A selection of health policy stories from California, Minnesota, Colorado, Nebraska, Maryland and Massachusetts.
The California Health Report: New Independence For California Midwives
California licensed midwives will have increased independence and authority in attending births, potentially giving more pregnant women access to their services under a new law that goes into effect in January. Assembly Bill 1308 removes an unworkable clause that required all licensed midwives to be supervised by a physician. Licensed midwives had been unable to fulfill that requirement since it went into effect 20 years ago because physicians’ malpractice insurance prohibited them from filling that role. In addition, licensed midwives will now be authorized to operate birth centers without physician supervision and will have increased access to drugs, tests and medical devices used in their practice (Renner, 12/18).
The Star Tribune: Dayton Favors 'Structural' Changes After Meeting With Nursing Board
After meeting Wednesday with all but one member of the Minnesota Board of Nursing, Gov. Mark Dayton supports the board’s view that it needs structural changes to improve its ability to discipline problem nurses. ... Reacting to a Star Tribune investigative series that began in early October, the governor has previously criticized the board, saying it has been "asleep at the switch" and failed to use its authority to crack down on nurses who commit misconduct (Stahl, 12/18).
Health Policy Solutions/I-News (a Colo. news service): Dental Care Still Elusive Despite Coverage Under Medicaid
Almost half a million Coloradans are expected to gain dental benefits under Medicaid by 2016. That doesn't mean they’ll be able to see a dentist. Two state policy changes rolling out next year are intended to improve access to oral health care for low-income Coloradans. The state legislature earlier this year voted to expand Medicaid’s dental benefits to adults -- it now only covers children for most kinds of care (Jones, 12/18).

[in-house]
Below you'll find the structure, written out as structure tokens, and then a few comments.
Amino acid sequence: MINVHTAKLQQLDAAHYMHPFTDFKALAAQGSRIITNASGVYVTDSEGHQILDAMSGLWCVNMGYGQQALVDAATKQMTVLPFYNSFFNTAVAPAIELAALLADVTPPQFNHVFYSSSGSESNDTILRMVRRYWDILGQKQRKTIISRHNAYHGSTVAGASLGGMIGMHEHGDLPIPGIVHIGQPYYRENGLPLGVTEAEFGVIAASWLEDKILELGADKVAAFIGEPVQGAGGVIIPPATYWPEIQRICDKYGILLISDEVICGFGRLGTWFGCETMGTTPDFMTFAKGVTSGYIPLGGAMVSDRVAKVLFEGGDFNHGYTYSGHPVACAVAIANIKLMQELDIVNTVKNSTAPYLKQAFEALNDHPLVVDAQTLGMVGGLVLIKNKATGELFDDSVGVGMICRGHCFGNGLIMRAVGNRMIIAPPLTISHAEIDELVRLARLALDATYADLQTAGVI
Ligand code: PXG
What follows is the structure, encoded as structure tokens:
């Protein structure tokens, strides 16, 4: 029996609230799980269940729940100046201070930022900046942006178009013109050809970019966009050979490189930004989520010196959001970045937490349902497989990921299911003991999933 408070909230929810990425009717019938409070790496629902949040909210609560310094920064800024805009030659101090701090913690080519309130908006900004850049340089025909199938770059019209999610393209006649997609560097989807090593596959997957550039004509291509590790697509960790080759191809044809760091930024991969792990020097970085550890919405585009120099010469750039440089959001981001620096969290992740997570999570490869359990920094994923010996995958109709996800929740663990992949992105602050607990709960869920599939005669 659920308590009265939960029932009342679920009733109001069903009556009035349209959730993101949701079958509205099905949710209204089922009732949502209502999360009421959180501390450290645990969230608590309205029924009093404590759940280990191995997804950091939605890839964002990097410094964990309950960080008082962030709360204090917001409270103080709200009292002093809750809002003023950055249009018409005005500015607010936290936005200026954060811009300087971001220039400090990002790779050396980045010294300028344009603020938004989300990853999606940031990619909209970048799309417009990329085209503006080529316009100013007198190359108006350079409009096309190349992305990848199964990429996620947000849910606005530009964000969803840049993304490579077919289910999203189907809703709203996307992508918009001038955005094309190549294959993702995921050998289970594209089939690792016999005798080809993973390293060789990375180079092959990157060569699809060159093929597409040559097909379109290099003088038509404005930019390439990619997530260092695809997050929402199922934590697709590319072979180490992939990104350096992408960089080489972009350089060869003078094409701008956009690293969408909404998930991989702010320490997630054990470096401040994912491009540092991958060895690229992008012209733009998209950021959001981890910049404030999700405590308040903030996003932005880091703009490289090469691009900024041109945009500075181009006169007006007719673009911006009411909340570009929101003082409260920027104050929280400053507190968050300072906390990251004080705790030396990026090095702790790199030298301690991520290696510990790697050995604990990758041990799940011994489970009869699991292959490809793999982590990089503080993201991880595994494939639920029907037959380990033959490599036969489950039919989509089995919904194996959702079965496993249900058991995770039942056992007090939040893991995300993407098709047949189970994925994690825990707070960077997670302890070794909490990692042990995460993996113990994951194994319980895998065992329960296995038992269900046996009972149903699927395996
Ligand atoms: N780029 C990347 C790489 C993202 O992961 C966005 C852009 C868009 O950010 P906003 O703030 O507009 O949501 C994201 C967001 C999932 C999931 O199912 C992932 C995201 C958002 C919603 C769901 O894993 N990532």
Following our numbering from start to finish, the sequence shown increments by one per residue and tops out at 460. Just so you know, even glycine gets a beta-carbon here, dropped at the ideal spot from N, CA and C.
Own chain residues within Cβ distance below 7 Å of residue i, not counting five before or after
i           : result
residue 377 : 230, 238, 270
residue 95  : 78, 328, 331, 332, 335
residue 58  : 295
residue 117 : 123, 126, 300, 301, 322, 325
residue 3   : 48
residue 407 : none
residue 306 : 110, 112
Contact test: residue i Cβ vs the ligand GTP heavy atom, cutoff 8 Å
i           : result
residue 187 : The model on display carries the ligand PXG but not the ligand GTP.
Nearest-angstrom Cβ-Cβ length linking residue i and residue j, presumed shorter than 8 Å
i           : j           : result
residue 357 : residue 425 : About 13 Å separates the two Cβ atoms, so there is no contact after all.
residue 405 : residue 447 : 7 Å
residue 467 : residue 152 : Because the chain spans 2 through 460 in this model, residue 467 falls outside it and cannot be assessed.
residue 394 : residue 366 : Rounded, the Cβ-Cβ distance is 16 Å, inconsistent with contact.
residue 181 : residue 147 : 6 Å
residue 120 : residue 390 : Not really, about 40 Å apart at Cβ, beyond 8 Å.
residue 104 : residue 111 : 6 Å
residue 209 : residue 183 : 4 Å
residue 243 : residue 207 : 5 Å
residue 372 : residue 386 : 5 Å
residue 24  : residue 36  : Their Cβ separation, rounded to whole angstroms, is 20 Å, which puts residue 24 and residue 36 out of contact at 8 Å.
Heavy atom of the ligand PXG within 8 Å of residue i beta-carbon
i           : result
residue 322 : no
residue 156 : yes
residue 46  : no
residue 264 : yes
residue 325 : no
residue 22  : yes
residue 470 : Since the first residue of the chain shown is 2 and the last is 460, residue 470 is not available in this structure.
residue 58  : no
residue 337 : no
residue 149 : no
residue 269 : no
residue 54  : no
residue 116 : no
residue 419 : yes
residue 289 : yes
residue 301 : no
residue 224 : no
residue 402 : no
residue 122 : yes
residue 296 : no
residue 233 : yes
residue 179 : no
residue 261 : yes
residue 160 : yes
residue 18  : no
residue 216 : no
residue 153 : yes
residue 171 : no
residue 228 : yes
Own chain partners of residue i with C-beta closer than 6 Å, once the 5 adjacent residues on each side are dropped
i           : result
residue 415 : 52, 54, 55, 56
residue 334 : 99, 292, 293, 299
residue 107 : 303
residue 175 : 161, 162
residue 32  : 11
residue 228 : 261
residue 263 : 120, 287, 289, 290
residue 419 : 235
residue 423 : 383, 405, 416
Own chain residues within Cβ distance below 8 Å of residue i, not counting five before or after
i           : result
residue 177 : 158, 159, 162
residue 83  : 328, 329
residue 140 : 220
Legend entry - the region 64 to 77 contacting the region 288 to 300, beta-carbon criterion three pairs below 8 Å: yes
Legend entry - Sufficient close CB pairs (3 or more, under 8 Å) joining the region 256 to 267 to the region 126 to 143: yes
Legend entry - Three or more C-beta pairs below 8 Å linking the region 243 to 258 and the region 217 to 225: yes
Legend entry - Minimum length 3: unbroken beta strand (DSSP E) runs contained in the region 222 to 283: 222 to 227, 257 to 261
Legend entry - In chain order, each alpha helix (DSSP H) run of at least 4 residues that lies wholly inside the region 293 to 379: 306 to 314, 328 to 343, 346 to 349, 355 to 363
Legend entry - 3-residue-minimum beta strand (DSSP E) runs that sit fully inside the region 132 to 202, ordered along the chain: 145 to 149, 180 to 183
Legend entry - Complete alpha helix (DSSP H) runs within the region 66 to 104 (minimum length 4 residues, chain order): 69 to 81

The Associated Press: New Nebraska Agreement Focuses On Quality Health Care
A new agreement between Nebraska health care groups and insurers will help doctors' offices focus more on preventative treatment, quality care and helping patients tend to themselves, supporters said Wednesday. Participating insurers will offer reimbursement for patient-centered medical home services under the voluntary pact brokered by two state senators in lieu of a law (Schulte, 12/18).
The Baltimore Sun: City Programs Pitch African-Americans On The Benefits Of Hospice Care
Shirley Kane didn't think she could take it any more. Her 87-year-old mother, diagnosed with terminal cancer, was bedridden at home. ... Although hospice care has dramatically increased in popularity over the past few decades, of the 1.6 million Americans who used such services last year, about 82 percent were Caucasian and fewer than 9 percent African-American (Pitts, 12/18).
The Boston Globe: Child Welfare Agency Still Lacks Medical Guidance
Seven years ago, after two tragedies, State House investigators identified a major flaw in the Massachusetts child-protection agency: It lacked medical expertise to help caseworkers sort out the complicated conditions affecting children under its watch. The findings led lawmakers to approve reforms, but today, very little has changed. The position of physician medical director was funded by the Legislature but never filled by the agency. A plan to set up a standing panel of pediatric specialists to offer consultations on medically complex cases went unheeded by top state officials. To this day, if staffers within the agency need advice from medical experts, they are often left scrambling to find help on their own (Wen and Swidey, 12/19).